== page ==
We are extremely saddened by the news of the death of the swimmer today, and extend our sympathies and expressions of support to the family. While details are just now unfolding that can tell us more, we want to note that shark/human interactions are still extremely rare. The University of Florida data shows that in 2017, 88 people reported unprovoked contact with sharks, five of which were fatal, worldwide. Sharks have been in our oceans for over 400 million years.
However, for Cape Cod, we are experiencing an increasingly active shark population, which is a relatively new phenomenon for our region, requiring us to learn best practices to in order to keep humans educated and safe. Local, national and international media coverage and extensive content in many information channels, including our own website continues to advise residents and guests to avoid swimming near seals, stay close to shore, avoid swimming where there are known to be sharks, and avoid dawn/dusk and night swimming, for example.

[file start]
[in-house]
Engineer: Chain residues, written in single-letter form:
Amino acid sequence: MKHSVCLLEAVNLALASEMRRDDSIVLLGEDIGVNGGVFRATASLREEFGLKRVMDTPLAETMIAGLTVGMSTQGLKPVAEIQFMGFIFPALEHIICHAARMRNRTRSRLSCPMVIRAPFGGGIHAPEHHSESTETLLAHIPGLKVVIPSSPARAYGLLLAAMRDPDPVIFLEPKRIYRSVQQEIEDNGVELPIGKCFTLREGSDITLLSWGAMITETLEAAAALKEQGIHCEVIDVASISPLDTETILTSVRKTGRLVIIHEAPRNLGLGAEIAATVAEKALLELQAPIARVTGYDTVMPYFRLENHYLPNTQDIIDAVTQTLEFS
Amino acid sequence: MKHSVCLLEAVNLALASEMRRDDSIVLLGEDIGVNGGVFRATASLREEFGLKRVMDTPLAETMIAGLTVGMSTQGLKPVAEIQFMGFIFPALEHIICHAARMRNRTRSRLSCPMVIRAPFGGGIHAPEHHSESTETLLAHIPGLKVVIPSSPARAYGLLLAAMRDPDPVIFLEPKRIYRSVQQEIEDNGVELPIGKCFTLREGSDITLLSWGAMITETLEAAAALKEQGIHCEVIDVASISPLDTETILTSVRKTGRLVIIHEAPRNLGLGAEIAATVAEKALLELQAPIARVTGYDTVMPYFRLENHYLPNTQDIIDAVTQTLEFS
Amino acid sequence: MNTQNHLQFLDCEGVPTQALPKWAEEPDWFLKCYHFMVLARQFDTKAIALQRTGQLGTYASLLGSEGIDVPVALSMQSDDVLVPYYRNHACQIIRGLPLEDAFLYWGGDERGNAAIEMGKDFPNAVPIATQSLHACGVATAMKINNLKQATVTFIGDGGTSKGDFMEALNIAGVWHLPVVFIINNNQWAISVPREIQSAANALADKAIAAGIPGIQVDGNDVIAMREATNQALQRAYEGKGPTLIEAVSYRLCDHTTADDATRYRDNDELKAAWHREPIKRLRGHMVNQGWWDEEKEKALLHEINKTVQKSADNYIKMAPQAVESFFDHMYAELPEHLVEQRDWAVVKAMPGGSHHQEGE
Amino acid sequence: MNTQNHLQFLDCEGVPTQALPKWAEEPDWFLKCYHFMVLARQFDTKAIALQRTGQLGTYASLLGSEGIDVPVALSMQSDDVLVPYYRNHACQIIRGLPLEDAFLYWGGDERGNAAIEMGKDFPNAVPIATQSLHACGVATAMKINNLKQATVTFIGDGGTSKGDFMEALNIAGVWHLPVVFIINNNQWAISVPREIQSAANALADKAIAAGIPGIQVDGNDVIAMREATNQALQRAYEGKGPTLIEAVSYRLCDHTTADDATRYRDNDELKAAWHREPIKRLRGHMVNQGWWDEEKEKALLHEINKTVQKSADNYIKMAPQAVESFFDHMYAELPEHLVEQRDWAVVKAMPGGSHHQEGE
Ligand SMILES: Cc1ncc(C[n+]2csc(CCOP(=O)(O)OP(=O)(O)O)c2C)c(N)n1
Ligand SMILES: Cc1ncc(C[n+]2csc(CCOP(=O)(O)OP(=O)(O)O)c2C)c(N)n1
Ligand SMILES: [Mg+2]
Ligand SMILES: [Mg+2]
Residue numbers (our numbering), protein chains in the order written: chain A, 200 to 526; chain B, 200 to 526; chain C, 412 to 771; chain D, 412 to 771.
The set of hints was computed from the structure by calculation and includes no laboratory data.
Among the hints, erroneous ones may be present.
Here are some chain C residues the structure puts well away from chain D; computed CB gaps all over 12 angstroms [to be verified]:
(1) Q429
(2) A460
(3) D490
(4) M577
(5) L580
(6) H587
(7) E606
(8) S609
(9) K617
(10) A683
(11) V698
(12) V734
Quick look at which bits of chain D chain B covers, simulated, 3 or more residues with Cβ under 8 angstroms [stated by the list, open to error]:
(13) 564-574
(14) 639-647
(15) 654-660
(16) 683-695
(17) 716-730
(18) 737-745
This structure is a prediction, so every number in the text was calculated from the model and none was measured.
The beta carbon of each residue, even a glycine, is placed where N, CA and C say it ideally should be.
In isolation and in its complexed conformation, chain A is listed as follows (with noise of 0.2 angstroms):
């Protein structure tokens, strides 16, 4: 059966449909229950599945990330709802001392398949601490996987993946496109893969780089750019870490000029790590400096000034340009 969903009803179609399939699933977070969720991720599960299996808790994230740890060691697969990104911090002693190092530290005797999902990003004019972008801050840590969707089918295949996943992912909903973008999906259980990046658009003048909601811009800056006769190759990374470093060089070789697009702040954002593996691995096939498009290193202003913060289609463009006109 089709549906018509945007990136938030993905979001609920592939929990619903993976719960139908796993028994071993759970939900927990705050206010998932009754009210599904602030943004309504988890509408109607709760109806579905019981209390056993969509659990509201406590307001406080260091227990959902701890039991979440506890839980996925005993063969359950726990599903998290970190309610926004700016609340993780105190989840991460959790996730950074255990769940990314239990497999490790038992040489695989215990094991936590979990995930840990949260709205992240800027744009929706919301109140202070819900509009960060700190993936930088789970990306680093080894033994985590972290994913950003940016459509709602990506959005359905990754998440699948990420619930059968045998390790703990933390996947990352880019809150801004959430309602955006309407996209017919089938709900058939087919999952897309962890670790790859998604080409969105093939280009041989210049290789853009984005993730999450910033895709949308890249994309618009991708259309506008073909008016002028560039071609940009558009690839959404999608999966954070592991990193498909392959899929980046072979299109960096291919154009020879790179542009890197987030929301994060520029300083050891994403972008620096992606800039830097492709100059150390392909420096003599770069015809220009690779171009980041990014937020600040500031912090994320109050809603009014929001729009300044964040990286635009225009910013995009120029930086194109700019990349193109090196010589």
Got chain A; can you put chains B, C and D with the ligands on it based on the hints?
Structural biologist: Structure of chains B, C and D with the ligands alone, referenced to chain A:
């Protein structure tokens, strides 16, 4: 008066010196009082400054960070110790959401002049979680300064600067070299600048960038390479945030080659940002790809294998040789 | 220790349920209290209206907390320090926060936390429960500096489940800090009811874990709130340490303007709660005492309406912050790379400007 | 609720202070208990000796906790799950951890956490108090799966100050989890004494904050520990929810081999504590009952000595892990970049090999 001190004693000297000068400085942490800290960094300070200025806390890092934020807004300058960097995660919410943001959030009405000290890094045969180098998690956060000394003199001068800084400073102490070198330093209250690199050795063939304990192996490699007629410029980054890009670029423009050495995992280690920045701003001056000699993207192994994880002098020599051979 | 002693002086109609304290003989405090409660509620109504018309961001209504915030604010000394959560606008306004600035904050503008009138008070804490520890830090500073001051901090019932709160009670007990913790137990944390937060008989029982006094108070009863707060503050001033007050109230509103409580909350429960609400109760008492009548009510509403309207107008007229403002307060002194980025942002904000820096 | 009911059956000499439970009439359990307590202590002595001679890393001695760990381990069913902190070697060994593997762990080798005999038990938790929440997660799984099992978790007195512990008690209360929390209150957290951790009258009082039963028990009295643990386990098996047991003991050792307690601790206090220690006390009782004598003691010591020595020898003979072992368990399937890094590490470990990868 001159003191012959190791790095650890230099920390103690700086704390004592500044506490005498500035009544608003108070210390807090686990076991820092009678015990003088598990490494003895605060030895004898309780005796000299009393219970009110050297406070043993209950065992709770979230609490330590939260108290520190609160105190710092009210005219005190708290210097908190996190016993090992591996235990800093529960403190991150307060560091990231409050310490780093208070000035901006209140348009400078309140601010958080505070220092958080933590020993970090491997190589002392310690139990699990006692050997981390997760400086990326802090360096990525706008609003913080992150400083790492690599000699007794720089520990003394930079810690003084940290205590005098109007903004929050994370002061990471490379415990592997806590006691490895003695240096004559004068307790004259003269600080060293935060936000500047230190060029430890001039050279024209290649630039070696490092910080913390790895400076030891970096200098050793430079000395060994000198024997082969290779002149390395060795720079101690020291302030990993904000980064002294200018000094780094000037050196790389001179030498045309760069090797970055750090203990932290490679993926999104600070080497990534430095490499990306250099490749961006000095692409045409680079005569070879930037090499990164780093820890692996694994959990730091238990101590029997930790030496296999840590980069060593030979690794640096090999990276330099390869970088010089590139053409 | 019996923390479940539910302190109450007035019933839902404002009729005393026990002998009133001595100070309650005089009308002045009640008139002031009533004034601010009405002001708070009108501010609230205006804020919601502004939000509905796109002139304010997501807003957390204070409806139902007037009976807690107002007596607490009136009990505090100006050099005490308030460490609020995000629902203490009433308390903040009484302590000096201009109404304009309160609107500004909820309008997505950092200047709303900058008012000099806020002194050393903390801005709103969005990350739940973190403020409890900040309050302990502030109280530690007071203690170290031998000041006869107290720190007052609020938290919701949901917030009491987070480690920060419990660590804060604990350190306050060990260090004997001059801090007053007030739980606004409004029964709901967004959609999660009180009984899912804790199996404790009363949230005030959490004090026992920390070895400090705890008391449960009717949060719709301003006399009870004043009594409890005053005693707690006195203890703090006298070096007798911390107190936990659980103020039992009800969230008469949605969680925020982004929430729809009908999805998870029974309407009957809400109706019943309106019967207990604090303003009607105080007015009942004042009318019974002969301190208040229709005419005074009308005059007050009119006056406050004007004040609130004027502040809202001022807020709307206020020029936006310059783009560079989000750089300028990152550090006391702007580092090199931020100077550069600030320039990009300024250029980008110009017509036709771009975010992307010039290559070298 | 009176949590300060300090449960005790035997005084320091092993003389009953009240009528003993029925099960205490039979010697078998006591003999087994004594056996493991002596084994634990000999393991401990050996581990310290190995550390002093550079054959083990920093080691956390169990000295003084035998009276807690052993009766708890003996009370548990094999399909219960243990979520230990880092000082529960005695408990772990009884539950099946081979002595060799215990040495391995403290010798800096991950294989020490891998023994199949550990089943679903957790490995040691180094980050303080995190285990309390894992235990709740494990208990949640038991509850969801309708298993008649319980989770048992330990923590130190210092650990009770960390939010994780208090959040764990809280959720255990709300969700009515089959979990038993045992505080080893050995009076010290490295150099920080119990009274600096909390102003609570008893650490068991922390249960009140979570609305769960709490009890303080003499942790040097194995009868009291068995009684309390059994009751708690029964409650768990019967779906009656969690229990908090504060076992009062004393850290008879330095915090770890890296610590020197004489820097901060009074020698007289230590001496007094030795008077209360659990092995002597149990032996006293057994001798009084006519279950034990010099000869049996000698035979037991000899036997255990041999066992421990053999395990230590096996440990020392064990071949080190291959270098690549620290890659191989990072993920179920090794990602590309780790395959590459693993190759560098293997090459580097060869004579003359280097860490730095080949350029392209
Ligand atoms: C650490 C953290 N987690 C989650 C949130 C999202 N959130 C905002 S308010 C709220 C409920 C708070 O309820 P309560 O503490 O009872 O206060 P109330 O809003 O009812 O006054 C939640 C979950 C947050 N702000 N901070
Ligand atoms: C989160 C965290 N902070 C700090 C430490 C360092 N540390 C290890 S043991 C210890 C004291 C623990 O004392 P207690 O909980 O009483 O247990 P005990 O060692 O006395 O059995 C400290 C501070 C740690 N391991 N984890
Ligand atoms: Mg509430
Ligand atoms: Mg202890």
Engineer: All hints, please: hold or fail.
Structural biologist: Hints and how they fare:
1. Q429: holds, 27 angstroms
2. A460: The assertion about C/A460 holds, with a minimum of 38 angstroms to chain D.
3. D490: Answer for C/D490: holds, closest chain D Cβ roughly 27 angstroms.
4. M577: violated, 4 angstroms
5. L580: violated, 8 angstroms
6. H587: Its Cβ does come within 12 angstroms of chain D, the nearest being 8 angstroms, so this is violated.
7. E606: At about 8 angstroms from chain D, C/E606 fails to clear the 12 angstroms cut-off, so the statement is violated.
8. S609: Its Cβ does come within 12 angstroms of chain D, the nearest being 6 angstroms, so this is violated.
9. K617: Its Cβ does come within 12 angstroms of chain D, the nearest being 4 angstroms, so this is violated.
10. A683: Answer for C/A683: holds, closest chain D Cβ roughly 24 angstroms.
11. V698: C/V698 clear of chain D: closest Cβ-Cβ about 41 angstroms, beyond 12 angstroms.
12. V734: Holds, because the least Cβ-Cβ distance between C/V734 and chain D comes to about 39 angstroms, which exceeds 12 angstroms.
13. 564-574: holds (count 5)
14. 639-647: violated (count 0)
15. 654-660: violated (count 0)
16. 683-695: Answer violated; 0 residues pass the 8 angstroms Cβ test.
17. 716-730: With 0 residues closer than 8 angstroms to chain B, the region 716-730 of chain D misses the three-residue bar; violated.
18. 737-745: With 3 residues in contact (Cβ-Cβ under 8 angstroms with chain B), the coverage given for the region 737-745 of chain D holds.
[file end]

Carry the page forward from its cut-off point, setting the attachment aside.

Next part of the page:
The Cape Cod Chamber will continue to work with the Atlantic White Shark Conservancy and the Cape Cod National Seashore and others in providing facts and tips to help swimmers stay safe.